Lady A, formerly known as Lady Antebellum until last week, have reached out to blues singer Lady A, who cried foul after the country trio shortened its name without realizing that the Seattle artist has released several albums under the name over the last 20 years.
“Today, we connected privately with the artist Lady A. Transparent, honest, and authentic conversations were had,” the group posted on its Instagram late Monday afternoon. “We are excited to share we are moving forward with positive solutions and common ground. The hurt is turning into hope. More to come.” The post includes screen shots of a video chat between the group, Lady A, John Oliver III of Gleanings Community Bible Church and Mississippi blues artist Dexter Allen, who have written and performed with the singer.
Sources say they will both continue forward as Lady A.
Last Thursday (June 11), the band announced via Instagram that it was dropping the name Antebellum from its name after reflecting on the Black Lives Matter movement and in an effort to be more inclusive. “When we set out together almost 14 years ago, we named our band after the southern ‘antebellum’ style home where we took our first photos. As musicians, it reminded us of all the music born in the south that influenced us,” they wrote. “But we are regretful and embarrassed to say that we did not take into account the associations that weigh down this word referring to the period of history before The Civil War, which includes slavery. We are deeply sorry for the hurt this has caused and for anyone who has felt unsafe, unseen or unvalued.”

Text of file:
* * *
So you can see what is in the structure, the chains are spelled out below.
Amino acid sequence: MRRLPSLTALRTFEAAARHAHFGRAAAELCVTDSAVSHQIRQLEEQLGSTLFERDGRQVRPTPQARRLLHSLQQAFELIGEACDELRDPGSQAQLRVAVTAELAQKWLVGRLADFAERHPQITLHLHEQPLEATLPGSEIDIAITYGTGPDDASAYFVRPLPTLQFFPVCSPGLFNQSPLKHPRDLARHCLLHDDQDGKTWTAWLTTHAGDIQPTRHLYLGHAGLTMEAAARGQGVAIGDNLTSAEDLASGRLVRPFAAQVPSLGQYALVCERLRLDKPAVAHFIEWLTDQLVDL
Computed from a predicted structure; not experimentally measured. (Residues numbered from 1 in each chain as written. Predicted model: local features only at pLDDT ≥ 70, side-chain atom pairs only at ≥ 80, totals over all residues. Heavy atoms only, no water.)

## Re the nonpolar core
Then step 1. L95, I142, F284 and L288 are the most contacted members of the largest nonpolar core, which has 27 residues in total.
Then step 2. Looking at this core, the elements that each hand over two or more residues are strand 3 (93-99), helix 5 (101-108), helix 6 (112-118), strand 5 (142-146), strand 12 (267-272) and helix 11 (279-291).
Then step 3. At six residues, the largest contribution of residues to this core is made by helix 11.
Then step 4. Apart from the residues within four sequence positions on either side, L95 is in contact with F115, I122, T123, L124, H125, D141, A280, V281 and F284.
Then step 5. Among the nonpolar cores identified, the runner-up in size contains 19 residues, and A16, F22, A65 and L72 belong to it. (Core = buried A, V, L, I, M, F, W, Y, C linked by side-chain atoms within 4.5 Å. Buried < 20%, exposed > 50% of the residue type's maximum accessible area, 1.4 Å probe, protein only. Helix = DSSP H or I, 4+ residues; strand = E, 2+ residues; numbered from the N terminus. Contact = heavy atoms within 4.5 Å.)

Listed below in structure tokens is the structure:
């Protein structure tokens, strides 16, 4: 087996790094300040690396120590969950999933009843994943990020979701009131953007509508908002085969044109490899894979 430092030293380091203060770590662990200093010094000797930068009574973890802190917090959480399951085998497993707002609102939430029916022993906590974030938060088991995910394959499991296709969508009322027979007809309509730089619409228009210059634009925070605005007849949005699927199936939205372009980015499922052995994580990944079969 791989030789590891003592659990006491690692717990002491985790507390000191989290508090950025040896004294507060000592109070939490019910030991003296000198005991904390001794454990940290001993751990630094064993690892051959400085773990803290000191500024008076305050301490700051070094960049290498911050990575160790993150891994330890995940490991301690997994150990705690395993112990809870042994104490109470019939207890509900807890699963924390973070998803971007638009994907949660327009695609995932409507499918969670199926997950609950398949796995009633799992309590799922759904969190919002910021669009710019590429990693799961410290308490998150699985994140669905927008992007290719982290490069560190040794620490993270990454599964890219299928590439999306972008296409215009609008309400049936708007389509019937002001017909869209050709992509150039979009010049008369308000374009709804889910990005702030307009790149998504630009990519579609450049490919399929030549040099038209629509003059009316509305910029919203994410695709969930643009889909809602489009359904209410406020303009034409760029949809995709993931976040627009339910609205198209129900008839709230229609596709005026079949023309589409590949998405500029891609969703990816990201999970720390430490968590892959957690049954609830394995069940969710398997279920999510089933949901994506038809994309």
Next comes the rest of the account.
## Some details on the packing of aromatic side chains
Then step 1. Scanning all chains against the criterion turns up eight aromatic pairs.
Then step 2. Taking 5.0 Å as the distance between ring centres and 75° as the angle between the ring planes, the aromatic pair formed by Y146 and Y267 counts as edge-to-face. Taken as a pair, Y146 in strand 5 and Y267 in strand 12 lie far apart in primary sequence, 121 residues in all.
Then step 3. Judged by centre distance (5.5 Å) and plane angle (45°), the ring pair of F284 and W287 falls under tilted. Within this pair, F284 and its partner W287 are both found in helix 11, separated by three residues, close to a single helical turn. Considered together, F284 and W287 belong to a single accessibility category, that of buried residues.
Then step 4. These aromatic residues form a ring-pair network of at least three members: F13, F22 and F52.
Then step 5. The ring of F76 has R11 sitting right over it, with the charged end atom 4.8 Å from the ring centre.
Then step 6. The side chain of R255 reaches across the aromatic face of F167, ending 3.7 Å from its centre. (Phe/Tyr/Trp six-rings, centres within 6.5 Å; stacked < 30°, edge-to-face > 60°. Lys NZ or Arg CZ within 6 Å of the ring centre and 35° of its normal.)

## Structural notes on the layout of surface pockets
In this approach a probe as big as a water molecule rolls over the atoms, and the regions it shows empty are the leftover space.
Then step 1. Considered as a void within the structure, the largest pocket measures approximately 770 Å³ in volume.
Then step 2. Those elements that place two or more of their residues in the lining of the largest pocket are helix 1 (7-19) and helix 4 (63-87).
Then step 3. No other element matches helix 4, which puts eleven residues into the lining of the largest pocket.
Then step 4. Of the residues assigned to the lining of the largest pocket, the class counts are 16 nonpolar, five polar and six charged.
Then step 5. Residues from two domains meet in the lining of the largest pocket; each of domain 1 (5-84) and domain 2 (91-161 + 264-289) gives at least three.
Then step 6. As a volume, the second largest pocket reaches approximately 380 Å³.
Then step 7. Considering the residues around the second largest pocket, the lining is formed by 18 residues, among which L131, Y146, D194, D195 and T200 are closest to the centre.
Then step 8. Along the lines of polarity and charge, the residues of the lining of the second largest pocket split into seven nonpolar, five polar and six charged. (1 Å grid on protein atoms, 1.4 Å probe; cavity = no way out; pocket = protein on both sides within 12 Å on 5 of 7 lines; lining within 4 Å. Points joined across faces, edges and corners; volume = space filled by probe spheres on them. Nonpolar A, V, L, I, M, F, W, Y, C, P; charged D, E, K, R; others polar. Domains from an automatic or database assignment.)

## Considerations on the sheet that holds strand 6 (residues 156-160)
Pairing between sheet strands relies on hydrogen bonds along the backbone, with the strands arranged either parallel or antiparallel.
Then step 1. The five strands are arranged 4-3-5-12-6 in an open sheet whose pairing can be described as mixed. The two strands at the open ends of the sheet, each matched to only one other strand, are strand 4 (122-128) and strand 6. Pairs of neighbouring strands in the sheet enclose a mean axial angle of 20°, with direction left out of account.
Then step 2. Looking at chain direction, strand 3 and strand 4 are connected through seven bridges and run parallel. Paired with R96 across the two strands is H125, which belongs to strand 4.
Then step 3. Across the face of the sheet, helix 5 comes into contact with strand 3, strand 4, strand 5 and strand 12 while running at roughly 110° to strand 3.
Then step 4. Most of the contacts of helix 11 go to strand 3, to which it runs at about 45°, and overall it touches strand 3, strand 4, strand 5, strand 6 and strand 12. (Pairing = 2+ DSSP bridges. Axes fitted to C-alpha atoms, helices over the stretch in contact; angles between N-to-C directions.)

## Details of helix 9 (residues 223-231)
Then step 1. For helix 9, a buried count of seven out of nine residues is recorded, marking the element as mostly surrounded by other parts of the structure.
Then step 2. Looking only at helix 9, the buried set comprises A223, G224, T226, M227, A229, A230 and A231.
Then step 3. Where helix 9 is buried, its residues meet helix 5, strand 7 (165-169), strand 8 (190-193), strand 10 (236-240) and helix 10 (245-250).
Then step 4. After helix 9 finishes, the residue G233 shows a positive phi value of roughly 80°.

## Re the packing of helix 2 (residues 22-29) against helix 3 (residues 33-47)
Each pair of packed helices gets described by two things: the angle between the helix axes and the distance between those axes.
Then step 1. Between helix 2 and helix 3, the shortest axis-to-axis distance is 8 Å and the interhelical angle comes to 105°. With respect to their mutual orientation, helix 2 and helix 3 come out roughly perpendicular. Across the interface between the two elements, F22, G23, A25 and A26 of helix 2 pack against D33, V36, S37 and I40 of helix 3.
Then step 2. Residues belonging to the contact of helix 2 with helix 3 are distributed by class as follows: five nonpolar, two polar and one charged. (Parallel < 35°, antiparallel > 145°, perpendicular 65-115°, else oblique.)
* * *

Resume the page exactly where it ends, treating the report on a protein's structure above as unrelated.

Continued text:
The next day, the original Lady A, Anita White, said she was blindsided when she heard the news. “This is my life. Lady A is my brand, I’ve used it for over 20 years, and I’m proud of what I’ve done,” White told Rolling Stone last week. “They’re using the name because of a Black Lives Matter incident that, for them, is just a moment in time. If it mattered, it would have mattered to them before. It shouldn’t have taken George Floyd to die for them to realize that their name had a slave reference to it.”
Billboard reached out to the singer Lady A, and her manager, Kimberly Horton, responded via email, “As you can imagine all of this has been overwhelming,” she wrote. “We had [a] meeting today and we’re looking forward to a beneficial outcome for both parties. We’re making progress.”